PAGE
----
Presentation and delivery of the data -- some notes
Some notes regarding the presentation and delivery of the data:
The colour scale of the plots
The colour scale of the SO2 vertical
column plots shows the colour coding for the concentration in Dobson Units (DU).
The regular colour bar is from 0.0 to 2.0 DU. If measurements are between 2.0 and 10.0 DU the color is orange.
A special colour (red) is used for really strong SO2 signals -- usually
these associated with volcanic eruptions -- for measurements higher than 10 DU.
Colour bar for SO2 vertical column densities.
The reason to end the main scales at 2 DU is to make sure that low
level SO2 concentrations are visible, concentrations that can be great
interest too, e.g. because they signify small-scale volcanic eruptions.
Furthermore, it is most interesting to show where large concentrations of
SO2 appear, without being too specific about the exact values, especially
because large SO2 concentrations do not occur that widespread or that often.
Furthermore, representing all data using the same colour makes it easy to
compare results for different periods and regions.
Note that the scale for the SO2 plots shown on the website varies linearly.
For special purposes, however, the scale may have other ranges and/or may be
The colour scale of the (effective) cloud fraction varies linearly from zero
(cloud free; dark blue) to one (fully clouded; white). Values below zero and
above one cannot occur. The snow/ice mode of the cloud data products is
represented by very ligth grey (indicated simply as "snow" in the colour
Colour bar for the effective cloud cover fraction.
Plots of overlapping orbits
At high latitudes, above 65 degrees or so, satellite orbits overlap since
the swath width of the instrument has a fixed size at ground level
(960 km in normal mode for SCIAMACHY, about 2000 km for
OMI and GOME-2). When plotting the daily data at orbit coordinates, this
plotting is done with the orbits listing in ascending time. As a result, the
values shown in the plot at a given location are those of the latest orbit
of that day. This can be seen clearly in the SCIAMACHY-based picture shown
For the gridded data this is not a problem: all data falling in a given grid
cell is averaged for that grid cell and therefore each grid cell has a
unique data value.
Plots for the website made with IDL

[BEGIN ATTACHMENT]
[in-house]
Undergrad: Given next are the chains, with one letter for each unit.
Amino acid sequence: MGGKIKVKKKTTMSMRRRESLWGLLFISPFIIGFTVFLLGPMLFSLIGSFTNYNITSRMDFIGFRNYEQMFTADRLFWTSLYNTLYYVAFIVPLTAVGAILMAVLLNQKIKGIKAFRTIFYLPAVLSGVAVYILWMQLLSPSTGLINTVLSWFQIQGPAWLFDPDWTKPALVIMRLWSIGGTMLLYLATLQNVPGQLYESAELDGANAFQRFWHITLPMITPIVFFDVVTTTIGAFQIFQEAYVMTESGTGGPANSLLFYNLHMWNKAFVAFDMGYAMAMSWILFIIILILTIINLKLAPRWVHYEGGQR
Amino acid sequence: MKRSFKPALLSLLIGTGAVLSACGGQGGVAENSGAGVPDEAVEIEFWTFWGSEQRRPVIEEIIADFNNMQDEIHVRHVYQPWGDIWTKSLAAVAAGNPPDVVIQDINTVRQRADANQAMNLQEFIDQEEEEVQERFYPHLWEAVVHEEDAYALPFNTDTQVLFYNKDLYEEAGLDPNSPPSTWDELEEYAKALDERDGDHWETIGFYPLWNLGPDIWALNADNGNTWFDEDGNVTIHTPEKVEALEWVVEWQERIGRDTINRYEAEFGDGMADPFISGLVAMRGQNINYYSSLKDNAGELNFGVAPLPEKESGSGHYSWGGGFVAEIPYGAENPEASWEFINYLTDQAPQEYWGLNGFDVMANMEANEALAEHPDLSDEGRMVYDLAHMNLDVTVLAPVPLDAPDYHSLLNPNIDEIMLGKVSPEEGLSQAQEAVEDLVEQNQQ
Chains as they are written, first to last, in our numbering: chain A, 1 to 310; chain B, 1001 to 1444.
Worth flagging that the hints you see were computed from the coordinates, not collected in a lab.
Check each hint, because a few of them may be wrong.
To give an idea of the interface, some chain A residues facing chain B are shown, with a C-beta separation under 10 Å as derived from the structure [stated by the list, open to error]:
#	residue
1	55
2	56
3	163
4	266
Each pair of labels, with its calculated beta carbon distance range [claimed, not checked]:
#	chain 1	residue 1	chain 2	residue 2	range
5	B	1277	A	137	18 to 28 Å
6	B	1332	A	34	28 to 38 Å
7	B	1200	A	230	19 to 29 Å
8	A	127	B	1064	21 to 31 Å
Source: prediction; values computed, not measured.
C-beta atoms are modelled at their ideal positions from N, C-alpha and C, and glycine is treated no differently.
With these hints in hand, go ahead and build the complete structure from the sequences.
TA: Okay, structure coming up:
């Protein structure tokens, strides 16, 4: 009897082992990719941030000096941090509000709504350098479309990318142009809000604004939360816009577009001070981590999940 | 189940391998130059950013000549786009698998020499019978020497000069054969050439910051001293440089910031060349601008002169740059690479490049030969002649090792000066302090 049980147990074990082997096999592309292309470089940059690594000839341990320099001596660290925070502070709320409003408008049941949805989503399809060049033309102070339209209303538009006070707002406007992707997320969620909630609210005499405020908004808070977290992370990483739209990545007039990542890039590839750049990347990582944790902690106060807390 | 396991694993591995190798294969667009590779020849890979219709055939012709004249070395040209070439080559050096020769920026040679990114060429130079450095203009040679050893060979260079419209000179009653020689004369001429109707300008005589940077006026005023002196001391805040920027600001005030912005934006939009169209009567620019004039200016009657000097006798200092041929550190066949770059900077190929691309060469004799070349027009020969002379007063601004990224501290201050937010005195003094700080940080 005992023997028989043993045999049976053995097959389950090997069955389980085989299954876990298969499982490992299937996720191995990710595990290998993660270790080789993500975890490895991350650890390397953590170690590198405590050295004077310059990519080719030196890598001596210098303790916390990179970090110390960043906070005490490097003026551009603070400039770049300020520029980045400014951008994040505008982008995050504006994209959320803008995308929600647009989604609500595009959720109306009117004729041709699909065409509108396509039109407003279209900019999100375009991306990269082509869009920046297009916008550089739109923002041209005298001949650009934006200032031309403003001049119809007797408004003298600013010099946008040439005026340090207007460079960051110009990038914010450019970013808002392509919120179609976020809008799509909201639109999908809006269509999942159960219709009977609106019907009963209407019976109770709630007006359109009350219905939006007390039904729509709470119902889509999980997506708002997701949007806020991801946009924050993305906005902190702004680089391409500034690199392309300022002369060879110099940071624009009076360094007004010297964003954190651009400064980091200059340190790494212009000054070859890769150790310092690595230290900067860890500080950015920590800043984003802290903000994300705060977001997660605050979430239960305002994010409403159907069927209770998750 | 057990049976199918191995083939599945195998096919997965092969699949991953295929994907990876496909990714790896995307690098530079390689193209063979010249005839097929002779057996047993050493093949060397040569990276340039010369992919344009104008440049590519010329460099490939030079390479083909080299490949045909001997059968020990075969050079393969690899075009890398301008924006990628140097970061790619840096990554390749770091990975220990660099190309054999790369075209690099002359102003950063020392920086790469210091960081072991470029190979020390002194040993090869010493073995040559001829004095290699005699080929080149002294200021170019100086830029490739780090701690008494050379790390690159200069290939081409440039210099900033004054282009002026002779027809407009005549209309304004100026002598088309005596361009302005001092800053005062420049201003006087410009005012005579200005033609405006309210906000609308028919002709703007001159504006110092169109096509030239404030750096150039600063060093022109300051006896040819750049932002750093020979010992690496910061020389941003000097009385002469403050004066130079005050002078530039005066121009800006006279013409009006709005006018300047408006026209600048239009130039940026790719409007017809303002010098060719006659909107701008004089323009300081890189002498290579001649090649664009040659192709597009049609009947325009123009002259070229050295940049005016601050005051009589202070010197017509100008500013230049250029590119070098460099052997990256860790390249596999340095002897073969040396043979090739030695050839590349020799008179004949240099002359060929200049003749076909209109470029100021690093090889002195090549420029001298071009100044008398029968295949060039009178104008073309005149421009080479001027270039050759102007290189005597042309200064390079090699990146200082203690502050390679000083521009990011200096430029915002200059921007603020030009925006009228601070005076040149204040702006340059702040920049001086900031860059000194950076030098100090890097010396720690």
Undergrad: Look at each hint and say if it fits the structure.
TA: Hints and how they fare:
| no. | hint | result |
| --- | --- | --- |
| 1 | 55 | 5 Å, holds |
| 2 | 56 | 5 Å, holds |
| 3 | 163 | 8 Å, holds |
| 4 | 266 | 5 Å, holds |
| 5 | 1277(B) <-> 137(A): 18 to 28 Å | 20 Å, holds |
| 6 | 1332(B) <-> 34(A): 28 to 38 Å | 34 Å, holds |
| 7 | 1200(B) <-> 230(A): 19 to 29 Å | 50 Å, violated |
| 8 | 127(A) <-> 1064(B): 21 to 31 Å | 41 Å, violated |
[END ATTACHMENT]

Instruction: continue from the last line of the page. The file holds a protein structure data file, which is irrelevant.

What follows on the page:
The plots of the SO2 data and the associated maps are all made with IDL
(version 6.3). Some notes:
For plots of the daily data at orbit coordinates, rectangles made up of the
ground pixel corners as given in the data product are filled with the
appropriate colour. Since these rectangles are made up of straight lines,
they do not exactly match those north and south of them: there are little
openings between the rectangles, because the earth's surface is curved.
This can, for example, be seen in the example image shown above and below.
It does not show up in the images of the gridded data.
The IDL plotting routines include the possibility to draw lines along
continents and to colour the continents. IDL appears to have some problems
correctly colouring the continent Antarctica. The reason for this is that
the information for colouring the continents and for drawing the borders is
taken from two different databases, which evidently differ at the border of
Antarctica. The line around the continents shows the real border.
Unfortunately, the lakes drawn on the maps by IDL do not get the same colour
as oceans do: lakes get the land colour, whereas one would expect lakes to
have the sea (water) colour. This is especially clear in the plots of
Eastern Europe, where the Black and Kaspian Sea and several lakes are given the land colour.
On the maps of the regions, boundaries of the countries are drawn.
These boundaries are the political boundaries from 1993.
IDL's database unfortunately does not have all borders correct;
for example, in Arabia boundaries are missing. The IDL developers are
aware of this problem.